Guess What? Your brain has that option too. Just try it. Ask your brain to think of a positive thought, one that really makes you feel great inside. Then ask it to find another thought that you will like just as much, or even more, and then ask for another one. Trust me, it will find them. When you start teaching your brain what you want to pay attention to by asking for more of the same, it will stop bringing up the thoughts that you aren’t interested in.

Jimmy is right!

You might be too young for this, but in an episode of Seinfeld called “The Jimmy”, Jerry and George are playing basketball with a guy named Jimmy who always refers to himself in the third person saying things like, “Jimmy’s under the boards. Jimmy’s in the open. Jimmy makes the shot.” Talking in the third person not only makes great comedy, it actually increases the effectiveness of self talk.

Psychologist Ethan Kross of the University of Michigan led a study about pronouns people use when they talk to themselves and found that when you refer to yourself as “You” or use your name, it creates more distance and objectivity than when you talk in the “I” or first position. This is another one of of those “Just try it” exercises. “You” can do it!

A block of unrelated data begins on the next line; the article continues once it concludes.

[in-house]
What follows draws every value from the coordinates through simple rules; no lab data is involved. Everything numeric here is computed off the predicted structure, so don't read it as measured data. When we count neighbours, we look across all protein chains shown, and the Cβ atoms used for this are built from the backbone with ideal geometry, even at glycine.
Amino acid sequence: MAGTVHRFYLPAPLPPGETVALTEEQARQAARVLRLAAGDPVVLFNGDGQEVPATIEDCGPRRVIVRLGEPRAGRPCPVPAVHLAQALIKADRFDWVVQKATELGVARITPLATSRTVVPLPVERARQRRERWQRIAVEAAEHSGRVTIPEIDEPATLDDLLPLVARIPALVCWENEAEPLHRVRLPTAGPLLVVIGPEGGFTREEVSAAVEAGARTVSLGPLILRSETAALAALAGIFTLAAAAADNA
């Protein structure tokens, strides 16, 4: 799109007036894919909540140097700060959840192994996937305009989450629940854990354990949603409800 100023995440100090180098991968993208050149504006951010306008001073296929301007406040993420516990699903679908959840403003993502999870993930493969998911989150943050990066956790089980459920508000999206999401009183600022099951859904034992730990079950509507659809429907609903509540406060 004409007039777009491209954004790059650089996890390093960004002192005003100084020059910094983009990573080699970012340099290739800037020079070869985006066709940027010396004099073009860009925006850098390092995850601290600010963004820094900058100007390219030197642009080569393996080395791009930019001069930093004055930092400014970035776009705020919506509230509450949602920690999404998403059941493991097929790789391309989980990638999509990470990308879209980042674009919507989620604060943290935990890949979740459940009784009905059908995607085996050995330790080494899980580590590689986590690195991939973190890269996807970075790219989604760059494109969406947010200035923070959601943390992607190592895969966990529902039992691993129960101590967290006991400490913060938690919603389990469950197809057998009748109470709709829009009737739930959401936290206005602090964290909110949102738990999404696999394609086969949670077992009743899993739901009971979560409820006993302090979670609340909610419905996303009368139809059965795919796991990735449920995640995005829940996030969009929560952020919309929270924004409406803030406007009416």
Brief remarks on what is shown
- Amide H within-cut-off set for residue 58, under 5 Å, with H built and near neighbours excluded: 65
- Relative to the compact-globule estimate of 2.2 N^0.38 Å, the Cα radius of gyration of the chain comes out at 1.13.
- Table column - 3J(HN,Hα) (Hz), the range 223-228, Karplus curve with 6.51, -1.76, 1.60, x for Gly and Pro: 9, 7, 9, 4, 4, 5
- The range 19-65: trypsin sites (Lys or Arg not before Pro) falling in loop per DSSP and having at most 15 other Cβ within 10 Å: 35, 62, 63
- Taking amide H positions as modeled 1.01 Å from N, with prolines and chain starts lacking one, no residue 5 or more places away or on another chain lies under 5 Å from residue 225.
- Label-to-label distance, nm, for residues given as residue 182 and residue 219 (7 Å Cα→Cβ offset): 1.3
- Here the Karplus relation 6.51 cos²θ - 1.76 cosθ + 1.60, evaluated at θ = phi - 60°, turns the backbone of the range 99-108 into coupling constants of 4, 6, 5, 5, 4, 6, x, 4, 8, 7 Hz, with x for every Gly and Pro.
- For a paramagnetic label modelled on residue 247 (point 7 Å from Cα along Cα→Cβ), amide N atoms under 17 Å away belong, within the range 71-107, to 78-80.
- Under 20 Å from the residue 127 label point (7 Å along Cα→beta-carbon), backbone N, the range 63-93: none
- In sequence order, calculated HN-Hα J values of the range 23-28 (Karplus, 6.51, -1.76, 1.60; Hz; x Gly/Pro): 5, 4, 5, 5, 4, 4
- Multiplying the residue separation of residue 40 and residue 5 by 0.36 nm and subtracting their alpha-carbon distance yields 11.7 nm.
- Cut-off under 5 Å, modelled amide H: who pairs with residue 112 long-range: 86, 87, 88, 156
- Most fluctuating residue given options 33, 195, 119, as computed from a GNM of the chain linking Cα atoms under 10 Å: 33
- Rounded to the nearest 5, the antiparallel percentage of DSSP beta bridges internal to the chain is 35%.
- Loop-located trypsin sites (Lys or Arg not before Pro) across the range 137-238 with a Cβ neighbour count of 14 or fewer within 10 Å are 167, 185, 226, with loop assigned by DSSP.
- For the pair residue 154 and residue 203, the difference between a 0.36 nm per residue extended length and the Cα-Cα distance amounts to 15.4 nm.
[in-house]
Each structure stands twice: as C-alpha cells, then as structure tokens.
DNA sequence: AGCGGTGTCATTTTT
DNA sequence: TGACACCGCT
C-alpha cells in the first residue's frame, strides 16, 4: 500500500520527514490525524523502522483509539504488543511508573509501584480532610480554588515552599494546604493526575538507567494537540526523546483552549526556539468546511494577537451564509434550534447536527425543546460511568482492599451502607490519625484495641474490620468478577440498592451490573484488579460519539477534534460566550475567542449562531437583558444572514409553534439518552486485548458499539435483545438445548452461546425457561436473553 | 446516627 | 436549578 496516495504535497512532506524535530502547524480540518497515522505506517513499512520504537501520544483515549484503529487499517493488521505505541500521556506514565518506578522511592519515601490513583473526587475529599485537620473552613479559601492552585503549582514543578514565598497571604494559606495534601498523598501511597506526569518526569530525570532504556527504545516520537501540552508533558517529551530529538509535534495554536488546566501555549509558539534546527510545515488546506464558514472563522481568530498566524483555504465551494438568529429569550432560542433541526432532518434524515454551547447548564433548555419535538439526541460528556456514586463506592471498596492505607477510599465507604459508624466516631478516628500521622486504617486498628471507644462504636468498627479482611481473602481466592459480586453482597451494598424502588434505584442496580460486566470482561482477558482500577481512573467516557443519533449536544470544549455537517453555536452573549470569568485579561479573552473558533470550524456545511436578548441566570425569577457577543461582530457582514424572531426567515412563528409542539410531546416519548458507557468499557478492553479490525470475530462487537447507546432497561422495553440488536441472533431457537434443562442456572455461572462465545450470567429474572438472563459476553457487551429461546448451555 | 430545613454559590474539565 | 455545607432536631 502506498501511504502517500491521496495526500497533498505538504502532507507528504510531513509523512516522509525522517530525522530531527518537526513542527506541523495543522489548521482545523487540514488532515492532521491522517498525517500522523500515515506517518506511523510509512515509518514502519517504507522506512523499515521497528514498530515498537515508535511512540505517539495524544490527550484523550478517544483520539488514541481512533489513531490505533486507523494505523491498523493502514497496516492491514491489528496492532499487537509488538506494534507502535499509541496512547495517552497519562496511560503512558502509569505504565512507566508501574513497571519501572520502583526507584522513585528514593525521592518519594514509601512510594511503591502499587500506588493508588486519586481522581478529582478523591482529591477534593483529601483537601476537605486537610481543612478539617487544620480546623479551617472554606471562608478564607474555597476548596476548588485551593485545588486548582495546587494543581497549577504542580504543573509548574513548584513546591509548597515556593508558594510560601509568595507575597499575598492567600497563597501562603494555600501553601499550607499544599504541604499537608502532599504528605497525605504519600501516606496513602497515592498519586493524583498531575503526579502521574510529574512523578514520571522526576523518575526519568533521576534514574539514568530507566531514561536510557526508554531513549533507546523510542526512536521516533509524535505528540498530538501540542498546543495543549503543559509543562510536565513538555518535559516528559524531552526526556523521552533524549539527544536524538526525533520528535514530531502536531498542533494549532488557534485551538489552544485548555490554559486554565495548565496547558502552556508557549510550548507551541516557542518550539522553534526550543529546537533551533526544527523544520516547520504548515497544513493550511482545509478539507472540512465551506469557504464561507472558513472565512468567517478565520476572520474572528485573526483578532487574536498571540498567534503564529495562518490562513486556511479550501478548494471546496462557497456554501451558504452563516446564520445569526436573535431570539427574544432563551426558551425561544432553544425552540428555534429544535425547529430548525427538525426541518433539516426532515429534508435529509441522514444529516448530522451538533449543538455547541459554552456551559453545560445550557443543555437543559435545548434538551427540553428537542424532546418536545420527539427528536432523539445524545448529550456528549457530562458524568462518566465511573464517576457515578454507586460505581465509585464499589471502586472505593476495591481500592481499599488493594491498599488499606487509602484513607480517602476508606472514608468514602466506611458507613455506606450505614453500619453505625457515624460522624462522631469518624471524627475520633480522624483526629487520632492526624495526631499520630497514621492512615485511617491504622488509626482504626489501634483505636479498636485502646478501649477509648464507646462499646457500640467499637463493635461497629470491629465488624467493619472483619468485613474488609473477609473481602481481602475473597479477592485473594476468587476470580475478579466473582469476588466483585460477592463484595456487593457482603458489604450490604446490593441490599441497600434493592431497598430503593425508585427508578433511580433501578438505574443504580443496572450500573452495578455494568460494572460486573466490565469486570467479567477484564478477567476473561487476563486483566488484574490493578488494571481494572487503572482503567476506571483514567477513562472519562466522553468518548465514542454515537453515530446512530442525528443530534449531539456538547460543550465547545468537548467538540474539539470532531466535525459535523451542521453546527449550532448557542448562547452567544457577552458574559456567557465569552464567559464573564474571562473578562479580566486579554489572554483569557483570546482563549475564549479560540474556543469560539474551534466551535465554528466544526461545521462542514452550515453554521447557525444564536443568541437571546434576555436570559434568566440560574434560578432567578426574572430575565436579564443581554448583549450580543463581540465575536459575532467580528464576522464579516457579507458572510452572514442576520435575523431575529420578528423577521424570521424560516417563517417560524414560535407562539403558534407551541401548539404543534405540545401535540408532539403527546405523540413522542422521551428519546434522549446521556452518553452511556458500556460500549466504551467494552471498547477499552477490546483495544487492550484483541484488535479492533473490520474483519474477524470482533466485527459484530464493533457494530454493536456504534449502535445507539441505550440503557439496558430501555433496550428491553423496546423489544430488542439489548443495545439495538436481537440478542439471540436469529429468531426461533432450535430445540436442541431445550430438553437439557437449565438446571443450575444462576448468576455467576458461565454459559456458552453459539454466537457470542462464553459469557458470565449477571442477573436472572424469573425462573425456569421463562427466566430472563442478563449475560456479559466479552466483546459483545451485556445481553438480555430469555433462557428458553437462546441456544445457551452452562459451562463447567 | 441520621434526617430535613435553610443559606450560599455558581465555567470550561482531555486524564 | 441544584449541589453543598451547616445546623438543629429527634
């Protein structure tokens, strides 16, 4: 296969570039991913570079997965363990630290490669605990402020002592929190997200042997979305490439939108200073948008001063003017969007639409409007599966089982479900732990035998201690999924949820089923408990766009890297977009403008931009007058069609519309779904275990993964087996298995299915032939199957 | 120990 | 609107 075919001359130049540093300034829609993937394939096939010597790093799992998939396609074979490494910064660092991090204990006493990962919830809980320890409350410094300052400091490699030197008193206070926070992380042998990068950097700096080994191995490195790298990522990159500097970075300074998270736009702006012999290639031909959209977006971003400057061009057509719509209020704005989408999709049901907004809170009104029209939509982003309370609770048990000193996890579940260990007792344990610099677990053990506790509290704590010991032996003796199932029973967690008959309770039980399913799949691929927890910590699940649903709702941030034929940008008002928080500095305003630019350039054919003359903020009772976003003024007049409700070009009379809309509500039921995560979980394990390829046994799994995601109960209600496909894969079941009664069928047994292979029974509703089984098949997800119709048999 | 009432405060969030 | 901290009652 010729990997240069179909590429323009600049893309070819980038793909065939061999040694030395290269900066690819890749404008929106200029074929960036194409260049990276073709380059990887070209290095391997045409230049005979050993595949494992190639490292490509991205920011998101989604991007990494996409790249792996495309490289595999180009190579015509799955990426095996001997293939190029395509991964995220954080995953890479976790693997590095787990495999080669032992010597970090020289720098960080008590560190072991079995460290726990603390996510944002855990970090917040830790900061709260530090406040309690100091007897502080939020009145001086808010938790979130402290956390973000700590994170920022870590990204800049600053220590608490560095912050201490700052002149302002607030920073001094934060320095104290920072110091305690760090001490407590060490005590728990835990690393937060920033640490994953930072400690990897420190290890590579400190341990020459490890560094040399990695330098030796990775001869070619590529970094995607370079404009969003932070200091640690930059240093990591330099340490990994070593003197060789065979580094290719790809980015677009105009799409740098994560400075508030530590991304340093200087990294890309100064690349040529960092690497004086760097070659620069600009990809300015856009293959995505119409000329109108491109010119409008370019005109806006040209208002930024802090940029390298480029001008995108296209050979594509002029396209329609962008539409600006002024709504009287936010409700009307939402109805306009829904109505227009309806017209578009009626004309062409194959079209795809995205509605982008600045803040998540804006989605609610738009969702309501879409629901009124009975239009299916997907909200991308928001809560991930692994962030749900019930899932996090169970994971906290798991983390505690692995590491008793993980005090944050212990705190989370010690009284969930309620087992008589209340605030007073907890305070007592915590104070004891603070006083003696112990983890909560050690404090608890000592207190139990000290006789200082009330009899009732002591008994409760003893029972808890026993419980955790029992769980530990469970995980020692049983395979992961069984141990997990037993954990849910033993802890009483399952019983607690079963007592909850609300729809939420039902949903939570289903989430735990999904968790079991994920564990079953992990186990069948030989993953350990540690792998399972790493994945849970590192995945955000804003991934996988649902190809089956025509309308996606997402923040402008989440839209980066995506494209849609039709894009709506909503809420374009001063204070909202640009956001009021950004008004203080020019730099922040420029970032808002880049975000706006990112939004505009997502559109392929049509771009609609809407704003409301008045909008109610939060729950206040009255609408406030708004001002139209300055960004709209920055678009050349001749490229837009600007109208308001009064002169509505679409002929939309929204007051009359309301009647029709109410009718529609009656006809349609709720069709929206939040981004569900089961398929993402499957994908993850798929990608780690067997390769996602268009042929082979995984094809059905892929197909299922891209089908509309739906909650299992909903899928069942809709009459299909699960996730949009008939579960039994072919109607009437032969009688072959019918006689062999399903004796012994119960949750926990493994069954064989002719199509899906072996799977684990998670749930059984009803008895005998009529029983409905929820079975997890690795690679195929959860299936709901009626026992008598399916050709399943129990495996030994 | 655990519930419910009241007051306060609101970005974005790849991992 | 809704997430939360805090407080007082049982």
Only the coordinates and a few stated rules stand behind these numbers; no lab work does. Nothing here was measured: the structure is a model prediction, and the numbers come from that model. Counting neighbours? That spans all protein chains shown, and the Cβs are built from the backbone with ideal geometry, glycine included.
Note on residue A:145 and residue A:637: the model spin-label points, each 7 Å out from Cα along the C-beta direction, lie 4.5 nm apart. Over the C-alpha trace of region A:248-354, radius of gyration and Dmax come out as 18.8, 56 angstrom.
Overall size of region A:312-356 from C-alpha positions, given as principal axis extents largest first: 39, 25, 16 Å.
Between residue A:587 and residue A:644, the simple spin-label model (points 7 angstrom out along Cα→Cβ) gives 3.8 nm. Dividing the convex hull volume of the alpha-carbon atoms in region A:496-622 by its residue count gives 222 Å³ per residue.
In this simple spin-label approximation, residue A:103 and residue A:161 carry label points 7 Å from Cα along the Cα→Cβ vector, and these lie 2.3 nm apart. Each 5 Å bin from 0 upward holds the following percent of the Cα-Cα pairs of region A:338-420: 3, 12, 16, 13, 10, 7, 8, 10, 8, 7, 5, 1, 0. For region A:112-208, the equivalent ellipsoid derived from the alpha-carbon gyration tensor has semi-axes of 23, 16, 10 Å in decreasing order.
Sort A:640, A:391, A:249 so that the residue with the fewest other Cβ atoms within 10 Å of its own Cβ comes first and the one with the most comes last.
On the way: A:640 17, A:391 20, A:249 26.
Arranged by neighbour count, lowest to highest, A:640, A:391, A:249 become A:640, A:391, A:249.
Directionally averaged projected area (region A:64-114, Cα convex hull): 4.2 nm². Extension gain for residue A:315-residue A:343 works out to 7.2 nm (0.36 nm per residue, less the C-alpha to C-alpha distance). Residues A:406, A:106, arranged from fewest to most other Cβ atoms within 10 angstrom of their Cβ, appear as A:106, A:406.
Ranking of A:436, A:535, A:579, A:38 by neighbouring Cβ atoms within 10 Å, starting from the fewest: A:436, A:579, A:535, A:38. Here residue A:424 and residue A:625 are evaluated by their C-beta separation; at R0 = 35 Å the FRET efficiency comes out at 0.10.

Next time you find yourself having an internal conversation, notice how you address yourself. You may notice when you change your frame of reference from ‘I” to “You” or “Your Name” that the location of where you hear the voice also changes. Your job is to notice which one feels more supportive and less critical, so you can utilize that form of communication in the future.

Give it instructions

Everybody needs a job, including your inner voice. Since most people find it almost impossible to shut off their internal chatter, why not put it to work? Instead of running wild thinking random thoughts, take control and have your chatterbox say something useful while you are competing. You can make up a little song in your head that contains all of the things you need to remember, you can count strides, or maybe you can have it remind you to breathe every few seconds. Once you know what you should say to yourself, and you know the best way to say it, your inner voice will be as nice and helpful to you as it is to others.

 

About the Author: Kirsten Farris is a regular contributor to GoHorseShow.com and a Certified Sport Consultant, Certified Equestrian Fitness Trainer, and the Author of The Workbook for the Equestrian Athlete – A Guide to Showring Success. Kirsten and her horse, Lyles Al Lie, were the 2012 and 2013 AQHA Select World Champion in Hunter Under Saddle and Reserve World Champions in 2014. For more information contact her at: kirsten@equestrianathlete.com © 2014